August 2018 Print

President's Report

I have had the pleasure of serving as your President for two years now.  In looking back I feel we have made great progress as an organization.  Here are just a couple of the highlights:

  • Re-grouped on Strategic Plan, review previous task list, revised to move forward with:
    • Facebook - IAHA group to share information with others (expanded to recently adding a Maintenance group)
    • Handbook for new Executive Directors (completed and distributed with ongoing review)
    • Membership Survey – completed survey and got responses from 60% of our members revealing great information to begin process of formulating a flyer for IAHA members
  • Had very successful M&M Clinics - 2018 Clinic had highest attendance for many years
  • Successfully got leadership for the Membership Committee – this committee will look at what IAHA offers membership, and recommend changes that IAHA may need to accept to stay a viable, important resource to its’ membership
  • Have worked diligently on addressing legislative issues affecting IAHA thanks to the Legislative Committee and the IAHA lobbyist

I feel we have only touched the surface of showing what IAHA can do and offer as an organization.  With IAHA membership of 108 Housing Authorities and the moneys we bring into Illinois, as well as the number of clients and communities we serve, we have a great story to tell and we are on the way of being able to provide this with our informational flyer I mentioned.

I have asked to renew my term of President.  I am hopeful you the membership awards me this great opportunity.   It would be my honor to serve as your President for the next two years.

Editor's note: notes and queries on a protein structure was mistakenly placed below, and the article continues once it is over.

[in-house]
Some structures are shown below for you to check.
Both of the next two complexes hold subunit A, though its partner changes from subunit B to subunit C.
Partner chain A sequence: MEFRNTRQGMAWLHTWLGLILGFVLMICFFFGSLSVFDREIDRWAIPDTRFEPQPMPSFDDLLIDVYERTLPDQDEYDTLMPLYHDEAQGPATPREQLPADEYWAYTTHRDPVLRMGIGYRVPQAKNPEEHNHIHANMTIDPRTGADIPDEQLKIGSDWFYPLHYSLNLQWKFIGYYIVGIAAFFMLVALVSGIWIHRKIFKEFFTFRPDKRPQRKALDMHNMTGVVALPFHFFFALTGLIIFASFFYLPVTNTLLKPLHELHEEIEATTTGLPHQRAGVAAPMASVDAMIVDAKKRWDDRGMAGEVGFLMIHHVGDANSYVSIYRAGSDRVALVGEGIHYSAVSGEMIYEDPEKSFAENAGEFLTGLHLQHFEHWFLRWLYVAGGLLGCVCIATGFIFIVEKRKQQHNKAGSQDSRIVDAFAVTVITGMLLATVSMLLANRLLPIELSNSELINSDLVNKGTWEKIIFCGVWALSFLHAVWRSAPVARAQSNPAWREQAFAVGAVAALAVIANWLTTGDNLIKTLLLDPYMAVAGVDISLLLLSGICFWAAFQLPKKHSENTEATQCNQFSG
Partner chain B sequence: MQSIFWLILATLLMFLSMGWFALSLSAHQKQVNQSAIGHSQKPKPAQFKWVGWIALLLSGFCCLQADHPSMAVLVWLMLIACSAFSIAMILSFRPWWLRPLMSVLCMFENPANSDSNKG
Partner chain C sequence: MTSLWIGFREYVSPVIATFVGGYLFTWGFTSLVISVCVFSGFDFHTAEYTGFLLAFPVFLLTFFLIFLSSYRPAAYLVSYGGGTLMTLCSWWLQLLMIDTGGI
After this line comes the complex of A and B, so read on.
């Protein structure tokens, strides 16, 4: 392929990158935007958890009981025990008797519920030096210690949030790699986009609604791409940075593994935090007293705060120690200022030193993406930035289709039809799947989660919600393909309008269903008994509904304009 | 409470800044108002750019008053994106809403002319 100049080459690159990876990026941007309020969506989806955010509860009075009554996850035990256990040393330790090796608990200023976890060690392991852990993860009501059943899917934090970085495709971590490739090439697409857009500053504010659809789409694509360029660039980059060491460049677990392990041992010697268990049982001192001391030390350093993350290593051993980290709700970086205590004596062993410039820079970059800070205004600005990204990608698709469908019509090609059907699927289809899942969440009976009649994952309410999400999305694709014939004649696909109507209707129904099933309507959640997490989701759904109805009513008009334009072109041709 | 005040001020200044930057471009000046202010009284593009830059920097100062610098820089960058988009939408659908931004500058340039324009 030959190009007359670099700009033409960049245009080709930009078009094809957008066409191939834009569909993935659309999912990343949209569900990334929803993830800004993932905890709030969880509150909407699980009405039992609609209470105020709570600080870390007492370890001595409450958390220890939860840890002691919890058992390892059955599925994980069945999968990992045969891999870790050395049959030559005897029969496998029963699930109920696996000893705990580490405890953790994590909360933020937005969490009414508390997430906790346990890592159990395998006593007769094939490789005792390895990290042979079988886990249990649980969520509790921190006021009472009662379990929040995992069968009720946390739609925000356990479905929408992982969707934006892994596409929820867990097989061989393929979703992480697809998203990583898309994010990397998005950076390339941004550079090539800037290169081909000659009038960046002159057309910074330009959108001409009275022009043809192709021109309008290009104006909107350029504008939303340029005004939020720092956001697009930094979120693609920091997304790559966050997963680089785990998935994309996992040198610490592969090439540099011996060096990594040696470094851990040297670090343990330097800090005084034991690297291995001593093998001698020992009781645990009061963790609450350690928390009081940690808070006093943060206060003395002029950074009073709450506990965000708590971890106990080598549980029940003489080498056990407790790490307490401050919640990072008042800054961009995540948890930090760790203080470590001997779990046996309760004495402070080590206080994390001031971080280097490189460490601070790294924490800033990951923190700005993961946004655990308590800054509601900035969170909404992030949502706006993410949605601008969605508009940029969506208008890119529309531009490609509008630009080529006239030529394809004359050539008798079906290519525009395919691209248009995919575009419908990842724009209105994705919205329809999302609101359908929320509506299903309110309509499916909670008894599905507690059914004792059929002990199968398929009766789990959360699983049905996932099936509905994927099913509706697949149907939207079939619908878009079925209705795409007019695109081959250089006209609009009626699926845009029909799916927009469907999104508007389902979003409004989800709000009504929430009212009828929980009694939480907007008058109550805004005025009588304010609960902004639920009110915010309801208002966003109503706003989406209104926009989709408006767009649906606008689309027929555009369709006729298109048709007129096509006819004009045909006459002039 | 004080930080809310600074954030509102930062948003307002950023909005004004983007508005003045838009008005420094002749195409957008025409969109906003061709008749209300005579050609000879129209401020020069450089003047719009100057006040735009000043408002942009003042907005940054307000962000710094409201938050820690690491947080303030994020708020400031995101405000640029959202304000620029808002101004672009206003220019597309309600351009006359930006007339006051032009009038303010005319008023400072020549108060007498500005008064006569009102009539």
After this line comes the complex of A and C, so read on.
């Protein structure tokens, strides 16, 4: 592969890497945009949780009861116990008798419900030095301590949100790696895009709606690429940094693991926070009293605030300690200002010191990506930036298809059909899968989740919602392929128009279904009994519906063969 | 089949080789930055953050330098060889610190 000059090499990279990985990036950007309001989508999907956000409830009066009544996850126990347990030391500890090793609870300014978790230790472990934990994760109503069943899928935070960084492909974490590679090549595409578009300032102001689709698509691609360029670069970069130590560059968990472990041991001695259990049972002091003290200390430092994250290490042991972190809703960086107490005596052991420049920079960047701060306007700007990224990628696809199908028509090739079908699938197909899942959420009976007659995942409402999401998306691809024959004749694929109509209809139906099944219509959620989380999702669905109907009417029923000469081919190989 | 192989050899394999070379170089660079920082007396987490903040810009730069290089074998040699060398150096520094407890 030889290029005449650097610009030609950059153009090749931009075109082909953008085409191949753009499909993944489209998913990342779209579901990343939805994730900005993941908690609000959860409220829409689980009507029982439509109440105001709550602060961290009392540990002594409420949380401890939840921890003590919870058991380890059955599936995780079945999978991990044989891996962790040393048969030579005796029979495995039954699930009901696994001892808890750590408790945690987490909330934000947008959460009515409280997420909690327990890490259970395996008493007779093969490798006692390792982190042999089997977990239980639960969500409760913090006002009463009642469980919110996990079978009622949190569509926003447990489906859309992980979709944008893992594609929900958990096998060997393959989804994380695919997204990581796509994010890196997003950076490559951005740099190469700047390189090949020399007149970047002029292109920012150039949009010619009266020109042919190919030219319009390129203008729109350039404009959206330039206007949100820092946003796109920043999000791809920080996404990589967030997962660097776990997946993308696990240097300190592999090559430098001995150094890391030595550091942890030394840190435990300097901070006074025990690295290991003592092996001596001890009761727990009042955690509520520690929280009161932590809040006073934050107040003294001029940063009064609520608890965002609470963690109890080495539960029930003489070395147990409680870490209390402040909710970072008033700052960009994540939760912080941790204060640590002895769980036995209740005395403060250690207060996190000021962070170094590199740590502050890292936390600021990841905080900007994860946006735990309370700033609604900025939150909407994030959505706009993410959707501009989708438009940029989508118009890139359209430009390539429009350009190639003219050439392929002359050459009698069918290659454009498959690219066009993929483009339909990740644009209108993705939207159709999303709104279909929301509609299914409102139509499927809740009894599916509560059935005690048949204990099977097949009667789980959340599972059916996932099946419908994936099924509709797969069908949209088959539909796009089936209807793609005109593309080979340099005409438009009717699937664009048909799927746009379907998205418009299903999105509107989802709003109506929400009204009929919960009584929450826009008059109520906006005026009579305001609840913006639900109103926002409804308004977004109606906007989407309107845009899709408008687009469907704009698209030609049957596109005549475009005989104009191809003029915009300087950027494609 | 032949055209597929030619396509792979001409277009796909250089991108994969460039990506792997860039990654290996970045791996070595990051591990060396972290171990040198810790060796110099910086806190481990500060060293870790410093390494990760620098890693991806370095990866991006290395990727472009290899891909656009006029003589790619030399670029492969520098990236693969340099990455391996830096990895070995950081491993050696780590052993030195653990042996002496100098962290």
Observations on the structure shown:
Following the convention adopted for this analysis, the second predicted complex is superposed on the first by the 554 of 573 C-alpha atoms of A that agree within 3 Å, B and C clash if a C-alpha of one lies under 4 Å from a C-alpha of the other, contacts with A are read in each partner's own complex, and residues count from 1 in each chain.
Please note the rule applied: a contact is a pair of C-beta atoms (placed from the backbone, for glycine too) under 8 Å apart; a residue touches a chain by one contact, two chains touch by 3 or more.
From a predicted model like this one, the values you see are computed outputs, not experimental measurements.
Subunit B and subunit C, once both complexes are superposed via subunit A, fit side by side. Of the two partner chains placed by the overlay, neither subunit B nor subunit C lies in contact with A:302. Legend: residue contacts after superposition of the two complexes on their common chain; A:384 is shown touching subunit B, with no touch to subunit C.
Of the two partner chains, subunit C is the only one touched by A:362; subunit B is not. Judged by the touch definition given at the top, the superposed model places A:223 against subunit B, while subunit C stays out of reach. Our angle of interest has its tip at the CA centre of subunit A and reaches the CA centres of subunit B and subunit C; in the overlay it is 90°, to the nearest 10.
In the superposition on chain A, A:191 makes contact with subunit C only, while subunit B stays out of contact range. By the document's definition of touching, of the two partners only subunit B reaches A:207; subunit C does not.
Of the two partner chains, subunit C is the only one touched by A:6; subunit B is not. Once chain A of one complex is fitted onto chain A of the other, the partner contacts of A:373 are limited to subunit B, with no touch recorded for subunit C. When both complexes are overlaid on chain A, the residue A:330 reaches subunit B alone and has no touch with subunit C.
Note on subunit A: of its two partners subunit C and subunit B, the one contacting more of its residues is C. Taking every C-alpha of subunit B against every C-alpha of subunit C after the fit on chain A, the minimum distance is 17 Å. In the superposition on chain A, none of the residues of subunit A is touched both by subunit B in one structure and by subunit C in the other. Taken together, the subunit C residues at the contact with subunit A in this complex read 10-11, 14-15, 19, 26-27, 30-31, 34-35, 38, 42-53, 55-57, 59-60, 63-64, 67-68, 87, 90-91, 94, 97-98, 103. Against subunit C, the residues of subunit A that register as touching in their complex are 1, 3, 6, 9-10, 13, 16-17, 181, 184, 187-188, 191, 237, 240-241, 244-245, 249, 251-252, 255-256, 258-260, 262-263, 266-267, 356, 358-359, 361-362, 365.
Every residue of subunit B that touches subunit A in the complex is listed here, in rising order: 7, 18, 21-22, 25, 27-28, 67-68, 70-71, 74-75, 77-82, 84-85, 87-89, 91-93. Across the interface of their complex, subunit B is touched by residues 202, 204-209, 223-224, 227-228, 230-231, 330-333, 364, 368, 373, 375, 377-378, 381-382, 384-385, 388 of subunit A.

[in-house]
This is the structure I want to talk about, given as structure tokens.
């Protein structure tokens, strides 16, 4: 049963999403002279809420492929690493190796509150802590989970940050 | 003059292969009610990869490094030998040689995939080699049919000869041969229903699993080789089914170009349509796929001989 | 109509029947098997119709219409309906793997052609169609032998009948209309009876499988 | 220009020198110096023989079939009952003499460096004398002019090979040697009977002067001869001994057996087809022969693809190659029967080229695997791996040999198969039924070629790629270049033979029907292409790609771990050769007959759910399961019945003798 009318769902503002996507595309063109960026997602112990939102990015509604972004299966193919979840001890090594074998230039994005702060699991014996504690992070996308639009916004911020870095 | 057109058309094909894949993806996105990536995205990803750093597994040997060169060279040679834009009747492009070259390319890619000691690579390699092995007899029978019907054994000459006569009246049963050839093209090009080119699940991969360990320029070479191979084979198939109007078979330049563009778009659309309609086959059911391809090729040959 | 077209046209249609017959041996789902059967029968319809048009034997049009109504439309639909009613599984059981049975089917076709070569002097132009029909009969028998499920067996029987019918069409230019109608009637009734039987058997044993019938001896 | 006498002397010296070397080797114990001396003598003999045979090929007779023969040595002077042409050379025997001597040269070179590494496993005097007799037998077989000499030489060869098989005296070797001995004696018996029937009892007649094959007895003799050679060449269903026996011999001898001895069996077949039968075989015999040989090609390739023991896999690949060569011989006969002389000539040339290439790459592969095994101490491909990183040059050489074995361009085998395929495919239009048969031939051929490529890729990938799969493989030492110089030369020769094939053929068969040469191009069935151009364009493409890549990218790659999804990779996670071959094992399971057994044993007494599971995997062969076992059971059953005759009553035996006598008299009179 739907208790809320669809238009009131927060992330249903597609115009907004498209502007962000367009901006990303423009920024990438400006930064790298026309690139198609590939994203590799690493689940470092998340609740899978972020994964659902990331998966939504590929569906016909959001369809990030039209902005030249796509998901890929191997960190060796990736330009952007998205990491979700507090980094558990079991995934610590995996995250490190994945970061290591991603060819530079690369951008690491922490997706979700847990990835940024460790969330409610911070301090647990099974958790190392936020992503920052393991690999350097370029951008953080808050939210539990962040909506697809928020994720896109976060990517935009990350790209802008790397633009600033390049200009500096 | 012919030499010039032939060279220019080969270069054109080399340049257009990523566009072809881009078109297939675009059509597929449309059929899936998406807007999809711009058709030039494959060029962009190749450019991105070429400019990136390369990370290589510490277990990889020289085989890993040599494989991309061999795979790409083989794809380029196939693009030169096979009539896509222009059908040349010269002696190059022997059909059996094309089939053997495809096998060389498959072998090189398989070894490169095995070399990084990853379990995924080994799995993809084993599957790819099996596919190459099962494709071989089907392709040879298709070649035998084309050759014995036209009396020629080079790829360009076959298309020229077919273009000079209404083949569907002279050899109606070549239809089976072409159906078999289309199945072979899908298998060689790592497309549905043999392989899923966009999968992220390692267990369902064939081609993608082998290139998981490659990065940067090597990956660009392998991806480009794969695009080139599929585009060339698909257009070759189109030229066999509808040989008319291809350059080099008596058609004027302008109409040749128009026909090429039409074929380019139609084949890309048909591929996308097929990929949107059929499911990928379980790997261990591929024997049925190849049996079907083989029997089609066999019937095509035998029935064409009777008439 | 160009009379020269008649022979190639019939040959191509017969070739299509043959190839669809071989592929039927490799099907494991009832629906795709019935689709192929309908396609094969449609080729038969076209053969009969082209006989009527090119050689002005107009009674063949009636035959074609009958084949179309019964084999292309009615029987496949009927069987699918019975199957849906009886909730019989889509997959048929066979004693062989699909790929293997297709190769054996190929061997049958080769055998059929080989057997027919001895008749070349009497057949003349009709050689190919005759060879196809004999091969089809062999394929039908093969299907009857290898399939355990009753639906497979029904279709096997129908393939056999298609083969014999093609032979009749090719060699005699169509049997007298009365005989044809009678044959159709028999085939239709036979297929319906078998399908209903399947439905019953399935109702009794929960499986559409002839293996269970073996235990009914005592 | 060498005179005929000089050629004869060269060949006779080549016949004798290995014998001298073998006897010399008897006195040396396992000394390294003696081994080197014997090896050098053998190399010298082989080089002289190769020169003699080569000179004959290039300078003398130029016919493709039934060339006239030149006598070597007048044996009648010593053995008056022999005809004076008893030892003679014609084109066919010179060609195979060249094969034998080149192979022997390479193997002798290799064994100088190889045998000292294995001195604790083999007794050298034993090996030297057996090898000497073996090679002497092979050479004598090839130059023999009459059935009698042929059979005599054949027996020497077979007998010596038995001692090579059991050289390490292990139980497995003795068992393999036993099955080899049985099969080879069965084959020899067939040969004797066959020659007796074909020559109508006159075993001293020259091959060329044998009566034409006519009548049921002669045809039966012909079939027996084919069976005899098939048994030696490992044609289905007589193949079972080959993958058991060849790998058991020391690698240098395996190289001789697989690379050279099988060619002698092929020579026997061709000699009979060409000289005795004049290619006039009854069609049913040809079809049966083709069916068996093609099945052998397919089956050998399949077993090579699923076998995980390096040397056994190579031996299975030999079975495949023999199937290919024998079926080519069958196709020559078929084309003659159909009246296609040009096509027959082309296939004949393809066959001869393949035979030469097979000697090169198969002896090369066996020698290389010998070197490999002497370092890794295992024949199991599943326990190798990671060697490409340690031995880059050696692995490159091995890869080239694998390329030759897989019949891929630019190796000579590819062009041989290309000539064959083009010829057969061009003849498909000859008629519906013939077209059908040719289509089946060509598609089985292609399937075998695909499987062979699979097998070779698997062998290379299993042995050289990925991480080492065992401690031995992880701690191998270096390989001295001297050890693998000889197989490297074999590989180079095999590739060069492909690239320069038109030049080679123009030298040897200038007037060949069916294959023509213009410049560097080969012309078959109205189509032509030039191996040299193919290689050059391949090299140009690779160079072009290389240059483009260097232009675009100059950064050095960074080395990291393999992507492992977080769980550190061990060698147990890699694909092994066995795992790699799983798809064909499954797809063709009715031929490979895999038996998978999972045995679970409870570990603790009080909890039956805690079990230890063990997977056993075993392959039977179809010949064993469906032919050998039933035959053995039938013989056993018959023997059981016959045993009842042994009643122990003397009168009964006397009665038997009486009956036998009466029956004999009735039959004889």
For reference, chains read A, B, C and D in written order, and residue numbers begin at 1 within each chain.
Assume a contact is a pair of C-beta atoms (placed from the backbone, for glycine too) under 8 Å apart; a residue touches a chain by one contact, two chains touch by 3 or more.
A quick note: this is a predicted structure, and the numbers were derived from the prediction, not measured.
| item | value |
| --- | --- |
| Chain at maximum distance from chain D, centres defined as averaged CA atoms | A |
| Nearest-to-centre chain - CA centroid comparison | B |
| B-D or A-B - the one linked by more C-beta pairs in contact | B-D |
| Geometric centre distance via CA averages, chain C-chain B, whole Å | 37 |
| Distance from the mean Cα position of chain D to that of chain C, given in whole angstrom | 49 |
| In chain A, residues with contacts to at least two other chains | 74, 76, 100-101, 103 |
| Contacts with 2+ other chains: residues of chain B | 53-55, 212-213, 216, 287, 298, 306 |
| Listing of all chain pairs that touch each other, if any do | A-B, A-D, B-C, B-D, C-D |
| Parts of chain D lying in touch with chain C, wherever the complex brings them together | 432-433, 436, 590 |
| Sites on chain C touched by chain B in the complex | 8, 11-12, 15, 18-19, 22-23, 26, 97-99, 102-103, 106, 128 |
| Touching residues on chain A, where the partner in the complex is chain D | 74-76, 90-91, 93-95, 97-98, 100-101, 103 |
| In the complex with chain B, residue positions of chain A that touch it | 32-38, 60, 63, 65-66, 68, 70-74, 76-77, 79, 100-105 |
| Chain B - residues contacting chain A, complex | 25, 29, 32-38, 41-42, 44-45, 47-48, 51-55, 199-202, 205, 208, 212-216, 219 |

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Annual Meeting

This year’s IAHA Annual Meeting will be held at the Four Points by Sheraton in Fairview Heights. The meeting will be held on September 19th thru the 21st.  There is a packed agenda with great topics for you and your team.

We kick off the meeting at 1pm on Wednesday with Tim Kaiser of PHADA.  He will enlighten attendees on what is happening in Washington!  He will discuss the FY 2019 HUD appropriation, as well as a host of regulatory topics and policy matters.

On Thursday morning we will hear from Wendy Edwards with AHRMA and Sara Tripp with Rusin & Maciorowski regarding workers compensation. They will help you wade through the murky waters of a workers’ compensation defense.

On Thursday afternoon we are privileged to have Brendan Kelly with the St Clair County State’s Attorney’s office for an Illinois Crime Update. He will discuss the challenges of prosecuting crimes on public housing property, the Safe Neighborhoods Reform Act and drug crime penalties.

Back by popular demand and closing out Thursday is the Executive Directors Roundtable.  This discussion will be led by Eric Hanson and Derek Antoine.  What’s keeping you up at night? You don’t have to be the executive to participate in this valuable discussion!

Friday is a half-day of HUD!  Mike Siry, and Tedd Termunde will be discussing EPIC, PBV issues and answering your questions. Get some face time with the Chicago HUD staff.

You’ll want to register soon to save your place.  You can register at this link.

 

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Calendar of Events

The IAHA Education committee is always looking for ideas on the education you need and educators that do a great job.

There are two classes scheduled for December of 2018: 

December 4 & 5 – Combo Rent Calculation with Jamie Kinney Consulting

Rent Calculation is the foundation of your agency and every frontline staff member must completely understand this subject in its entirety. Our training method will allow your staff members to recall the information they learn on a long- term basis. This course covers Assets, Asset Income, Earned Income Disallowance, Income and Adjusted Income and the full HUD form 50058 Part 12.